St. Louis Post-Dispatch, Juggling Basketball, Law School Is Quite a Feat:
Even Wonder Woman wonders how she does it.
Lauren Aldridge is the starting point guard for Mizzou’s women’s basketball team.
Lauren Aldridge is a first-year student at Mizzou’s law school.
It’s mind-boggling to think she has the energy to do both of these, considering people push themselves to unfathomable limits to succeed at just one of them. But there’s a superhuman in Columbia, practicing on the court and for court, while showing young people that when someone says “follow your dreams,” it really can be plural. ...
Aldridge wakes up at 6 a.m., eats breakfast and starts studying. She’ll have class, sneak in some reading, have class, sneak in a peanut butter and jelly sandwich, have class, “and then sprint to the parking garage and get to practice by 3:30.”
After practice, she’ll devour dinner and study until around midnight.
“The sheer commitment to school and basketball that Lauren must have in order to succeed at both is remarkable,” said Washington U. law alum Tom Smallwood, a lawyer at Stinson Leonard Street LLP and one-time Mizzou undergraduate. “You have to be very regimented to do well in law school. It’s basically a full-time job. Especially in your first or ‘1L’ year, when you are learning the language of the law and trying to put together a bunch of abstract ideas you glean from a couple of thousand pages of reading. ...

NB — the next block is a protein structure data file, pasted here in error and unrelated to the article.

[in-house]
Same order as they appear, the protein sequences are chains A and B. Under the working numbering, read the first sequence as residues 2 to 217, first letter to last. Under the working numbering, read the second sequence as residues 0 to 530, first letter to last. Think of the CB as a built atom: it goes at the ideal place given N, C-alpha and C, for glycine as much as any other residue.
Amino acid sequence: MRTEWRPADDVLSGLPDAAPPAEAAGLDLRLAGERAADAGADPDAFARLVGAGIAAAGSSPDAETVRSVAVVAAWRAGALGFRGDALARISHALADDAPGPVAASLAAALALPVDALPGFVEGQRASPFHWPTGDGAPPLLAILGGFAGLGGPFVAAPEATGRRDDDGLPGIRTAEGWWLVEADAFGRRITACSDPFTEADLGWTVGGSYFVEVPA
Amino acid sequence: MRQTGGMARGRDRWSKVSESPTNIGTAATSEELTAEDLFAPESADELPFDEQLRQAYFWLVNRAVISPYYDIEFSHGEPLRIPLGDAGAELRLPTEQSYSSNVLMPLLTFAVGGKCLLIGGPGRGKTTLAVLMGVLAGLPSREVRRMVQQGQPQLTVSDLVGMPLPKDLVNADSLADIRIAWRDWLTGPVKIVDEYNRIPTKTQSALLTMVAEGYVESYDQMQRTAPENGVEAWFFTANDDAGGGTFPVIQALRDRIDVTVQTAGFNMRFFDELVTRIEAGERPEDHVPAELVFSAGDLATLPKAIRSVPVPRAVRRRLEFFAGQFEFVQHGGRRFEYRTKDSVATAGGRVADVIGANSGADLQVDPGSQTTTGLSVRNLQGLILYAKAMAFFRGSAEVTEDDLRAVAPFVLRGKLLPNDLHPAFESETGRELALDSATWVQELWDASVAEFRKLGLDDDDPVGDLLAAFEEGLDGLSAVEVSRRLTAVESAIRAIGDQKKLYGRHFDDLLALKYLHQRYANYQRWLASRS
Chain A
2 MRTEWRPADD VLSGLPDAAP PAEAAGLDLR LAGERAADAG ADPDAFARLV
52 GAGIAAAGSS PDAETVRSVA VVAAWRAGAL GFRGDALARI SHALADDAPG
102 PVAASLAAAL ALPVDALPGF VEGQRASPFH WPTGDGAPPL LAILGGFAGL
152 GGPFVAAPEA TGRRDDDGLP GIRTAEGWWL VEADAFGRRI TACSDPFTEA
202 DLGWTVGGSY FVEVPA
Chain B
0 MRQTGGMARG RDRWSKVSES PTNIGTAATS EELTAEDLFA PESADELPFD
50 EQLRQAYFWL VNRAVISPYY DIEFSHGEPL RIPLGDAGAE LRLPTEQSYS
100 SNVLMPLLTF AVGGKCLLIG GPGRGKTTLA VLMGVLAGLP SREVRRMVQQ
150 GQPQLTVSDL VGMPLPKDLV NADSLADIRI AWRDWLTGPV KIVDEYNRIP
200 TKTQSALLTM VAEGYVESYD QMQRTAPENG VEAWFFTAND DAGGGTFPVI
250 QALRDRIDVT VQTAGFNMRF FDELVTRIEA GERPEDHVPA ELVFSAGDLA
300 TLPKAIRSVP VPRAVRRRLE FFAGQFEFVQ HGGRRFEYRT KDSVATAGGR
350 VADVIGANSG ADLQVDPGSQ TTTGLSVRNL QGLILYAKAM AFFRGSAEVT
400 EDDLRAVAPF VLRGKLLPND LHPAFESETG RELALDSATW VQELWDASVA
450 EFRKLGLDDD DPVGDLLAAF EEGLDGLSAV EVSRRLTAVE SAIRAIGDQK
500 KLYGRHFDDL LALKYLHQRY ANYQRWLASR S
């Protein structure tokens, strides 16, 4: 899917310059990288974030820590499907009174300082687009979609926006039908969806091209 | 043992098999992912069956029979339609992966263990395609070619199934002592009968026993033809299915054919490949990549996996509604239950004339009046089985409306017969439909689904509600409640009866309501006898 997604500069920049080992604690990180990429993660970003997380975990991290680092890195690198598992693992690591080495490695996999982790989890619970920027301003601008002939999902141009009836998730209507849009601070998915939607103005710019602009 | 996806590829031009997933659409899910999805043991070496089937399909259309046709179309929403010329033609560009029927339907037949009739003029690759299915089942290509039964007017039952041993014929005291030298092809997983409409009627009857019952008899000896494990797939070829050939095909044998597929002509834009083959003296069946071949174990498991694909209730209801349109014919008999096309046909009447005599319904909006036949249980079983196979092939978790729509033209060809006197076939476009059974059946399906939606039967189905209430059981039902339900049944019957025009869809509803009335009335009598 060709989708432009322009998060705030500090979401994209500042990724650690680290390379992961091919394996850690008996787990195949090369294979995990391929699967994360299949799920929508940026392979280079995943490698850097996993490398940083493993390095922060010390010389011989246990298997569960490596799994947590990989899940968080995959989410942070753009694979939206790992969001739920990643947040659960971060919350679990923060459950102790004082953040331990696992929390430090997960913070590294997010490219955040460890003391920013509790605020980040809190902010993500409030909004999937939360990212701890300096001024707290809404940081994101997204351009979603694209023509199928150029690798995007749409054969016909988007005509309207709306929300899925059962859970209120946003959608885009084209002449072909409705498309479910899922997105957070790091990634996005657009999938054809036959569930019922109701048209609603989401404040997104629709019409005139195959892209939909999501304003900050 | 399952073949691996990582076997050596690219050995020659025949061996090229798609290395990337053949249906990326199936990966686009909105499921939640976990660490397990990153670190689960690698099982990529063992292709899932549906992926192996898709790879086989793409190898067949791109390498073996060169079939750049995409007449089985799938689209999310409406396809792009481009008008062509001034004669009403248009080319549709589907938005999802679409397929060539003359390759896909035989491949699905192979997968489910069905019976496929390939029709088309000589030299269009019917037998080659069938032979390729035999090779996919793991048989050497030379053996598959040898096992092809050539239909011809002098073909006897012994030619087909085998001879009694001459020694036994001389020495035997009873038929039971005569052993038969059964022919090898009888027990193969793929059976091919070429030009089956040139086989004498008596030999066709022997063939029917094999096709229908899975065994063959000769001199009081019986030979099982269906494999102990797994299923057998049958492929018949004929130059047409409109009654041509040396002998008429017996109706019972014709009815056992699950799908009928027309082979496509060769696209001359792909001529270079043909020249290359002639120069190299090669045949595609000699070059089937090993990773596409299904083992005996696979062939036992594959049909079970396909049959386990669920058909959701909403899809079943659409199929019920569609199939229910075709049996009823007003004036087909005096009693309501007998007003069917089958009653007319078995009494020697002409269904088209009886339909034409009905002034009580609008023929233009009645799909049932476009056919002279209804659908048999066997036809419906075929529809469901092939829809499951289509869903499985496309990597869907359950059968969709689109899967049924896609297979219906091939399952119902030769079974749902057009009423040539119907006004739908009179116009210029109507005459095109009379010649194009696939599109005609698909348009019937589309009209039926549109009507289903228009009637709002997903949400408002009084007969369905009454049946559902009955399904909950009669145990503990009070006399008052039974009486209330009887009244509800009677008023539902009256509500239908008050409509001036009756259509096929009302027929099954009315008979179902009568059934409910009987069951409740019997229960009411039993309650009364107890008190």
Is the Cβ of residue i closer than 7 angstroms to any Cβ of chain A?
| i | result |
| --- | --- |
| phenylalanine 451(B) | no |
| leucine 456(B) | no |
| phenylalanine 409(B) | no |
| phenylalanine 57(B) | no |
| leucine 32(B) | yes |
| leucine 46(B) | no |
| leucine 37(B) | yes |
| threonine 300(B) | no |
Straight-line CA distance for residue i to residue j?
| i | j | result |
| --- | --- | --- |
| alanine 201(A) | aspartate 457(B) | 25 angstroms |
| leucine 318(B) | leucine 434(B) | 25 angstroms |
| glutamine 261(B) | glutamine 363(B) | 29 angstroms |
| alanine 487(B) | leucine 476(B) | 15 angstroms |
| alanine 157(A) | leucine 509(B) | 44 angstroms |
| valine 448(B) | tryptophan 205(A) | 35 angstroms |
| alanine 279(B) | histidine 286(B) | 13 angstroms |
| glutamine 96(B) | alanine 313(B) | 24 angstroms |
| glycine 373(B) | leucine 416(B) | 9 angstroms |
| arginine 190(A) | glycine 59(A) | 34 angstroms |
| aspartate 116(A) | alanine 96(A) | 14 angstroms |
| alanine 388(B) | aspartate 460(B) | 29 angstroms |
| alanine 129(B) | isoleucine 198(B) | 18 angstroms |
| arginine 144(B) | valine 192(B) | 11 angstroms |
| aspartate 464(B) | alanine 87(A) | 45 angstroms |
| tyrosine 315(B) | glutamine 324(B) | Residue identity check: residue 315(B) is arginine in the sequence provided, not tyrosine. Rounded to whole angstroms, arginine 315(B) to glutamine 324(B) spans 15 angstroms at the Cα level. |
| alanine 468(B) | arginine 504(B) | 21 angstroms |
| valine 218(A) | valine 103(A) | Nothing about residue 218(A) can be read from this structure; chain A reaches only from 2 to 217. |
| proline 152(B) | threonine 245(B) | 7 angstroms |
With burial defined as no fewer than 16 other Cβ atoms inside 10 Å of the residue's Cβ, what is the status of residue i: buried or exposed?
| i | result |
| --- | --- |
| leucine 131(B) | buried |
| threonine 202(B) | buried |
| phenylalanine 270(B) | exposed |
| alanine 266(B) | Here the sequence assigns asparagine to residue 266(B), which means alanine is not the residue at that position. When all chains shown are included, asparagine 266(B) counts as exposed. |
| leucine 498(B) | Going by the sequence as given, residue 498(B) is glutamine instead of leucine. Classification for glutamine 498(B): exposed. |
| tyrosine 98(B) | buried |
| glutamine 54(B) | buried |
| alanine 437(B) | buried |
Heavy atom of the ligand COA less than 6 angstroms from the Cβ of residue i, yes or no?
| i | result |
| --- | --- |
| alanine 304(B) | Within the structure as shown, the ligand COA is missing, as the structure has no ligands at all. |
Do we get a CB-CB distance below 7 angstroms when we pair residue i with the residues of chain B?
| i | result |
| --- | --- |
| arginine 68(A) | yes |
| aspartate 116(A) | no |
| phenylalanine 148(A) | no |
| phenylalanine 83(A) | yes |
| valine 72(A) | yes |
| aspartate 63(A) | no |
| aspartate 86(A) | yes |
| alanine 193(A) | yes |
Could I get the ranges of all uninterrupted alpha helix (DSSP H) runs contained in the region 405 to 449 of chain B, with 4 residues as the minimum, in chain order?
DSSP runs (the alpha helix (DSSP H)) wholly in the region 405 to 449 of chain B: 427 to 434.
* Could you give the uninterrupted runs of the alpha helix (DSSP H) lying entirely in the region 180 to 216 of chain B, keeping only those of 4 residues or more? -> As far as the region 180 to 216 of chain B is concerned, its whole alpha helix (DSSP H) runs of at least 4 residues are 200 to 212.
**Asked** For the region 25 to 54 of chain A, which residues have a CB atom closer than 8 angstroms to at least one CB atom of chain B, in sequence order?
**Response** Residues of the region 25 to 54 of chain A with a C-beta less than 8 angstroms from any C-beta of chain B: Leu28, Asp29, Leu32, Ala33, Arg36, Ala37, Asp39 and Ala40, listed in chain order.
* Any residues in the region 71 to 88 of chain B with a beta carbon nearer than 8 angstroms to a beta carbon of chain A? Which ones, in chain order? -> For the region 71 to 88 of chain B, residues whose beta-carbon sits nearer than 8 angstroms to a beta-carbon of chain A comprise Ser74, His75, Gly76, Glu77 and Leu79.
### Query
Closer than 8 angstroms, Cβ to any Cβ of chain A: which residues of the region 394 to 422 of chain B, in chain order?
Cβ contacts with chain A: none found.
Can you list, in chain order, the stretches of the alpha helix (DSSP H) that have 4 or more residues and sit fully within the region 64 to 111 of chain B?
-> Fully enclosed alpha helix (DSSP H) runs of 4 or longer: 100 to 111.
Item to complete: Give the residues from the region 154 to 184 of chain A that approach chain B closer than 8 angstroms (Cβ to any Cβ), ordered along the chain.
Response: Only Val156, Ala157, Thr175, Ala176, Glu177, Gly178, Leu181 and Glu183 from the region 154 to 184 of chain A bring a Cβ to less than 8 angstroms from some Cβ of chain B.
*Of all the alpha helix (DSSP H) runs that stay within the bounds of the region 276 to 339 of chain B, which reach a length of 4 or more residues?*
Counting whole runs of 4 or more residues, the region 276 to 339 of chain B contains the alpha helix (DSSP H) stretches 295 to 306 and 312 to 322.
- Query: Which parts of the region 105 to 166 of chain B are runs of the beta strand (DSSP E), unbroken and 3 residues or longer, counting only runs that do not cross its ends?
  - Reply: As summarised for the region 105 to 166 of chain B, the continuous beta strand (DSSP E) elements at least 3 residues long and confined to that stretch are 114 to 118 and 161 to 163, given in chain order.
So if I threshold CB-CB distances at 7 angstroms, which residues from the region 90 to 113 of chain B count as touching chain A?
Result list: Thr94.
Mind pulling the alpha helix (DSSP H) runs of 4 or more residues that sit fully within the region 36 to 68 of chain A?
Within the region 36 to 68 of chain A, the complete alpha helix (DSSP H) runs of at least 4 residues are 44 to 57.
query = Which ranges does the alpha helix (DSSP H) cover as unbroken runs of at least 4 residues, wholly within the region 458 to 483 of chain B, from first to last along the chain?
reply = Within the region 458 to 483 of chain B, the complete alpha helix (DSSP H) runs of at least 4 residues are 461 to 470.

Often her 1L classmates will be at the games, as well, supporting Aldridge while holding up signs, such as, “No. 5 is 1L of a player” or “No. 5 is layin’ down the law!” They’ll occasionally hoist a sign with some clever legal jargon for an audience of one. For instance, there’s a form of negligence called “res ipsa loquitur,” which means “the thing speaks for itself.” So a law student will hold up a sign that says “Tres ipsa loquitur,” as in — the 3-pointers speak for themselves. ...
“Going to law school while playing Division I basketball is a feat of time management, sure, but the real challenge of doing both is deeper than that,” said the New York Times bestselling author Kate Fagan, who played college basketball at Colorado. “Every basketball player I know prioritizes the game; every law student I know, prioritizes the law. So while basketball is certainly time consuming, it also quickly zaps creativity and emotional energy — processing new plays, connecting with teammates, managing coaching interactions. To then, at night, have the resources left over to explore an entirely different discipline, a discipline that each of your classmates is focusing solely on, well, that’s truly amazing.”